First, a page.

Another young catching prospect that the Braves could give the nod to is Christian Bethancourt. At only 21 years old, Bethancourt has three years of minor league experience and could really benefit from a brief stay with the big club. In his short professional career, Bethancourt has already earned the reputation as a strong defensive catcher with a cannon behind the plate. While his offensive numbers have dropped steadily with each promotion through the minors, there is reason to believe, based on his .303 average in Rome during the 2011 season, that his best baseball is ahead of him and only time and experience will make him better. Both Bethancourt and Gattis will have to prove their merit over the next few years in the minors in order to earn a sustained role in Atlanta, but with the unique situation the Braves face in McCann’s time of recovery, early April might be the perfect time to throw one of these guys to the fire and see what comes out.

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  • Lee Trocinski

    Unless you’re willing to prepare Gattis as the future catcher, I don’t see him up in April. He’s going to learn more in Spring Training than the regular season, plus someone at his age and caliber should be playing everyday, whether it’s the majors or minors. He would also lose time getting used to playing the outfield, which looks to be his more likely landing spot.

    Evaluating Bethancourt based on average is severely overstating his bat. He walks about 3% of his PAs and his power has not developed yet. Even his second Rome stint only rated average overall, while his other stints were 30-40% below average. Catchers don’t need to hit much, but I don’t see Bethancourt being much better offensively than Janish was last year, which will not help him in the long run.

    It will either be Pagnozzi or Jose Yepez up in April, veteran presences who don’t have any development to stunt. The 30 or so PAs from that spot won’t kill the team, so there’s no need to rush CB or Gattis at this point.

    • Mat Batts

      I agree that there is no reason to rush either guy this early in their career but all the Braves are looking for in April is a guy that can give Laird a rest every 4 days or so. Bethancourt might not hit well enough right now to warrant a spot in a major league lineup, but who says he ever will? In my opinion, you would be willing to roll the dice on his offensive output in order to have a strong defensive catcher to go to off the bench. Again, it’s only one month and is seems like a good opportunity to kill two birds with one stone by filling a roster need and giving a young guy his first chance.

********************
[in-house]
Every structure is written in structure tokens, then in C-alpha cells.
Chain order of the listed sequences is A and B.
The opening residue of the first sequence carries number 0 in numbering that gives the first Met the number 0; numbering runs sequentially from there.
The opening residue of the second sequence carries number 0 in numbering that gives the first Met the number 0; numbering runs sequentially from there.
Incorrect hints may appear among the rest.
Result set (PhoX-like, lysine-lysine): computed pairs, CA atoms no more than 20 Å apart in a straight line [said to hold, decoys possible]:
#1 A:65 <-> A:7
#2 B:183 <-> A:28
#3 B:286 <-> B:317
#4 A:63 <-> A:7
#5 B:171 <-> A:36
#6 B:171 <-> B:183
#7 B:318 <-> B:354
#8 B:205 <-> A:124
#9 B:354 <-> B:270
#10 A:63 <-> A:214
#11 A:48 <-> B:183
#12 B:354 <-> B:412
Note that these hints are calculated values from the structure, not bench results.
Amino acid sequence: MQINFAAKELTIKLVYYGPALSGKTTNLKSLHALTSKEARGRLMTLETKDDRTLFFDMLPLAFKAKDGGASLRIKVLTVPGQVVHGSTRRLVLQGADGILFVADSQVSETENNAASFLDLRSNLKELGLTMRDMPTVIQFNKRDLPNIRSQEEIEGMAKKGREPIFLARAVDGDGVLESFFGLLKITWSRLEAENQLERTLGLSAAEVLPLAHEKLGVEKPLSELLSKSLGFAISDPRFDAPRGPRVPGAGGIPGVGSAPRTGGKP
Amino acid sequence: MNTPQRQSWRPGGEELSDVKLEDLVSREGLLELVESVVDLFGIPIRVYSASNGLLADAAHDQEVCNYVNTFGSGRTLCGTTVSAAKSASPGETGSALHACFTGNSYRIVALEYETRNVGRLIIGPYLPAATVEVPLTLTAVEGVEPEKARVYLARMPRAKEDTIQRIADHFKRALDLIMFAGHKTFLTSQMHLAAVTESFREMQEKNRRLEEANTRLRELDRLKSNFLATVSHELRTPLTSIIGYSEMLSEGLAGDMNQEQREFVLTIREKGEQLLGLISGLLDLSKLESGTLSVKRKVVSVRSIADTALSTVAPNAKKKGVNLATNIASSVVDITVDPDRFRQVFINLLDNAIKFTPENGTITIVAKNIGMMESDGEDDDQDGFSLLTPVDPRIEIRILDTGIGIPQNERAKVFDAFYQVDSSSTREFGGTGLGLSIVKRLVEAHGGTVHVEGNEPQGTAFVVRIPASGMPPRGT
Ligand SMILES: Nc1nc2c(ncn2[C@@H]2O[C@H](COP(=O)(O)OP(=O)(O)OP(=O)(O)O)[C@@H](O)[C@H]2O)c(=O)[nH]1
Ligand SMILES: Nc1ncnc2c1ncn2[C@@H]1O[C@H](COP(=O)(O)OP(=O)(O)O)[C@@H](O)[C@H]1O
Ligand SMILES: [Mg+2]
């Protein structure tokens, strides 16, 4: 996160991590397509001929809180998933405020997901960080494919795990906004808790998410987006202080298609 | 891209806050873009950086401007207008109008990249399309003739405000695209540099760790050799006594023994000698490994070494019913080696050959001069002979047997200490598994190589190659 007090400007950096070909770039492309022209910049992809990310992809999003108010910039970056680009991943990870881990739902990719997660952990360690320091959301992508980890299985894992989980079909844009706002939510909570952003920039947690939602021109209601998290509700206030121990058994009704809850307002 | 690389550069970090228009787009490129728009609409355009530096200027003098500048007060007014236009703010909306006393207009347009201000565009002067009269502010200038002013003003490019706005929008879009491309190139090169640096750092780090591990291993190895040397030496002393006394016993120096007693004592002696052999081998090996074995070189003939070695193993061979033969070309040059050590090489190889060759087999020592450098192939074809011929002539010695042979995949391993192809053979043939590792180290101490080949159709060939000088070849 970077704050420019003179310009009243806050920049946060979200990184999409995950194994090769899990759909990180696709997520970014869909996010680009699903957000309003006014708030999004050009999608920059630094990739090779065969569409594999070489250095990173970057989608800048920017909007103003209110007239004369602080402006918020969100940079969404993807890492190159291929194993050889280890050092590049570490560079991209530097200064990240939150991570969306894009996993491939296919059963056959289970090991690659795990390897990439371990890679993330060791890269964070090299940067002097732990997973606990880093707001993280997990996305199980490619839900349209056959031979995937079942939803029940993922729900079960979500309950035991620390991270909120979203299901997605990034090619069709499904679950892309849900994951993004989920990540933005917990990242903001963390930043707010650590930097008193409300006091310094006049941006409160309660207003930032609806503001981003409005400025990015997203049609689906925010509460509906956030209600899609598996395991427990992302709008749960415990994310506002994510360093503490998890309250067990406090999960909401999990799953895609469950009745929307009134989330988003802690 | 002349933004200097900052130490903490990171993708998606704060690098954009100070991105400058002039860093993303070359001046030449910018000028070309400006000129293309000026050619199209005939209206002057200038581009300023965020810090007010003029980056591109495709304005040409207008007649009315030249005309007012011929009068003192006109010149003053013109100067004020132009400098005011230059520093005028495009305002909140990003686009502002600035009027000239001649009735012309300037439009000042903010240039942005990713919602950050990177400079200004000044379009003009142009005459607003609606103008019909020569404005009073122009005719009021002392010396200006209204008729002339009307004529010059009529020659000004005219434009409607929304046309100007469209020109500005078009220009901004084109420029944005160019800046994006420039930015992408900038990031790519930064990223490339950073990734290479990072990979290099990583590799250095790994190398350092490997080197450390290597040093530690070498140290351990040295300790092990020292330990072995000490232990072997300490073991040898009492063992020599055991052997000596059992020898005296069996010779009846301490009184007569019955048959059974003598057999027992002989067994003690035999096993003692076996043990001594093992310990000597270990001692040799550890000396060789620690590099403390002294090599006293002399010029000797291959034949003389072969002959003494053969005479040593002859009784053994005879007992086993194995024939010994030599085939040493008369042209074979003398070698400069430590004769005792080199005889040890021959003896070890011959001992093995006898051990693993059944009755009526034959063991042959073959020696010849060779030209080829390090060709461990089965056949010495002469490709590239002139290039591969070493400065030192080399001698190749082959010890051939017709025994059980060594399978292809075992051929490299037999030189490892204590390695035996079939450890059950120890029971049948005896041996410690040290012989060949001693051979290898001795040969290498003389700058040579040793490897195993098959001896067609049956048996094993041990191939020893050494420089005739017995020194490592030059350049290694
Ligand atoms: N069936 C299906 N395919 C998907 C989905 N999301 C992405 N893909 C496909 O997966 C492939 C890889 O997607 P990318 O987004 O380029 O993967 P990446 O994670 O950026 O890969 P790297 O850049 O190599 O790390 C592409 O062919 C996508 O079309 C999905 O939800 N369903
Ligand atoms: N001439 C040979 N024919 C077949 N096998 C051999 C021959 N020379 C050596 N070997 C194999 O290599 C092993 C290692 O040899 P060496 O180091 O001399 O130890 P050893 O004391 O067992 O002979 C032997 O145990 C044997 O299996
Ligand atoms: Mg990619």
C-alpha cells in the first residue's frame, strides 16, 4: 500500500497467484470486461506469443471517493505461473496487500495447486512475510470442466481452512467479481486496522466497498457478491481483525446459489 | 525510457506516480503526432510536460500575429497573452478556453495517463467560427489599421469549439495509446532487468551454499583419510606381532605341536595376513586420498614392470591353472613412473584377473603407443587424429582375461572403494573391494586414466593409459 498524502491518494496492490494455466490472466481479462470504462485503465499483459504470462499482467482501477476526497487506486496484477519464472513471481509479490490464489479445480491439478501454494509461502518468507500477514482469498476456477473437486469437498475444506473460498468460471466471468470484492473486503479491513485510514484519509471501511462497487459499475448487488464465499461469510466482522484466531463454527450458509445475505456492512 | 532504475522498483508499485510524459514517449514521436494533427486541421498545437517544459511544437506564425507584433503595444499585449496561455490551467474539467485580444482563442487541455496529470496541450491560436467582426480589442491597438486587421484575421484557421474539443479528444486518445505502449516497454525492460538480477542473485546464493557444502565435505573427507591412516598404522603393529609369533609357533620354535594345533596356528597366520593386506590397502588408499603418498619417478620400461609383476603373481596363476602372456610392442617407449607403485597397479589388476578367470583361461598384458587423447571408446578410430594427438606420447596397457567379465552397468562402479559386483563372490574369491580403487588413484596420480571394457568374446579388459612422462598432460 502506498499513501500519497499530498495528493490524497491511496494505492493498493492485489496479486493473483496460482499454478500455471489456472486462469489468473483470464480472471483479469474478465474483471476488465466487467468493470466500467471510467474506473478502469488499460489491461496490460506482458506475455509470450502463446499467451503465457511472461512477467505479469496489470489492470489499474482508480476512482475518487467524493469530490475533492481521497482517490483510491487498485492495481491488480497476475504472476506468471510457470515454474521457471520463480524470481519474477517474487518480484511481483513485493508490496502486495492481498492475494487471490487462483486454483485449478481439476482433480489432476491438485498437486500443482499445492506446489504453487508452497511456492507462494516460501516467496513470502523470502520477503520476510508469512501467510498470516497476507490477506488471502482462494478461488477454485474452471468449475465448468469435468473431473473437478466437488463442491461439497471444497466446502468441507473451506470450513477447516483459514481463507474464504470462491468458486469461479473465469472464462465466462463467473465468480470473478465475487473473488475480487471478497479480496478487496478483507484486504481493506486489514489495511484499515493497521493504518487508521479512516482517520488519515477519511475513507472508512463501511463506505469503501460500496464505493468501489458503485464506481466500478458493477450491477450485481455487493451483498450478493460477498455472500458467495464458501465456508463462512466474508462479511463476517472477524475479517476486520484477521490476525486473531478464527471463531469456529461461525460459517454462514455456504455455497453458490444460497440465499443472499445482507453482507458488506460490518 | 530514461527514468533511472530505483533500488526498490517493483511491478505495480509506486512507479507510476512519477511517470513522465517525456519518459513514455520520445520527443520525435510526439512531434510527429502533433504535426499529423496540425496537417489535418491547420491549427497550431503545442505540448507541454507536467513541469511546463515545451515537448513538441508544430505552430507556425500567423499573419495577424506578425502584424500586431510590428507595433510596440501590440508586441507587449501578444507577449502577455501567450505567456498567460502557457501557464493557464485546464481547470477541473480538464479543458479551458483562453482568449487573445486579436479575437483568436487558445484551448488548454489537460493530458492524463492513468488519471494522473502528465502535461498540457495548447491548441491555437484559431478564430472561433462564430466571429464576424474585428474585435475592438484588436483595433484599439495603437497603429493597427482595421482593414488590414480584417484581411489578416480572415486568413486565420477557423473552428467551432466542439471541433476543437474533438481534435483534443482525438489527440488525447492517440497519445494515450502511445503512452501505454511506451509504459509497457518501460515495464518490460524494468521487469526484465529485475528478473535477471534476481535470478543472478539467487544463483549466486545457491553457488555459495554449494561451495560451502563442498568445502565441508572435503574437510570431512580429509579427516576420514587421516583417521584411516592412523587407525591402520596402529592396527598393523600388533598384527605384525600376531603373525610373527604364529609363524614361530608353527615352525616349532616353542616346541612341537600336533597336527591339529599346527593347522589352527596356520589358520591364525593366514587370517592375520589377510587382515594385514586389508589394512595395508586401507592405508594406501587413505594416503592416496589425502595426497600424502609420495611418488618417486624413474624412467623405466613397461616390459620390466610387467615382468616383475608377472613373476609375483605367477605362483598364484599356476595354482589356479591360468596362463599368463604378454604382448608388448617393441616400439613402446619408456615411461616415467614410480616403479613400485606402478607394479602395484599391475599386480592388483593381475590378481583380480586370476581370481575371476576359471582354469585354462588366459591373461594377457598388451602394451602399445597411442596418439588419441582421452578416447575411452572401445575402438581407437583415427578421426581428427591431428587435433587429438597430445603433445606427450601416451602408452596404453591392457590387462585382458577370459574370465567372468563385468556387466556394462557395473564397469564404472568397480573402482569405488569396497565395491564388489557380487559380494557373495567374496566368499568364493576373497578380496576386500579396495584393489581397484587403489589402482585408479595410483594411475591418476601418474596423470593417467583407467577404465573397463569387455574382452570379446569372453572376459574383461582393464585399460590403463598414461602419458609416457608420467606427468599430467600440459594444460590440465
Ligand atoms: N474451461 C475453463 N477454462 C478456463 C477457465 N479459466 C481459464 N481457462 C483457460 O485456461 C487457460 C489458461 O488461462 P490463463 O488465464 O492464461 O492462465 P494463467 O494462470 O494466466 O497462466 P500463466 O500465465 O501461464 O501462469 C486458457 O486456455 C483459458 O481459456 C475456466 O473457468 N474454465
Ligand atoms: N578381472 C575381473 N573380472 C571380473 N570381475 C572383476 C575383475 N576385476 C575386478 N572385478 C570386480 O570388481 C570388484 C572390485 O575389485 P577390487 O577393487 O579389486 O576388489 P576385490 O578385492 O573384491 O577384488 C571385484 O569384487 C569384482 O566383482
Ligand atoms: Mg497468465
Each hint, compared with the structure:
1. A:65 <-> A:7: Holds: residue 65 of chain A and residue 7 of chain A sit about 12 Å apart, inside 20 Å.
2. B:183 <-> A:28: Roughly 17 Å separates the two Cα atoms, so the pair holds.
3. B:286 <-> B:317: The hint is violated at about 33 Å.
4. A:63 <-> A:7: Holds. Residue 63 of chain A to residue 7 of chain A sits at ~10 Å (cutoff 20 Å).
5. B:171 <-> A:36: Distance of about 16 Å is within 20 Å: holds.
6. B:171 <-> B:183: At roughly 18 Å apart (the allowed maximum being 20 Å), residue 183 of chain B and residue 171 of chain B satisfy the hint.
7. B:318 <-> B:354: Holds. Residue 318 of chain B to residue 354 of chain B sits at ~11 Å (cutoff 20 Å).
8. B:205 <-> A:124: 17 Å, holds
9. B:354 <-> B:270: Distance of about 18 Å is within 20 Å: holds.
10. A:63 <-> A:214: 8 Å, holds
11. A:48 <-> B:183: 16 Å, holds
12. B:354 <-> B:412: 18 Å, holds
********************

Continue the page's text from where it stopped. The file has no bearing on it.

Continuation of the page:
• Me

      I think Gattis should be considered. His offensive numbers are really good, but he’s also 5 years old than his competition. He’s already into the years where he should be getting his peak MLB numbers, so get him some at bats in the majors and see what happens. A month in the bigs isn’t going to set him back if he doesn’t stick.

      Bethancourt though.. young and flat out not ready.

  • fireboss

    Bethancourt is very young and his bat isn’t close to ready. If Gattis is seen with the big team this year which I think is possible it will be as an outfielder. He’s not close to being a major league ready defensive backstop and at his age his future is the outfield if his bat continues to be as productive as it has been. I watched Yepez in spring last year and he seemed a solid defender, I was surprised Boscan was called up last year as Yepez does hit – not a lot but better than Boscan ever did. Pagnozzi looks like Boscan’s replacement as a back up vet to the two other backup vets.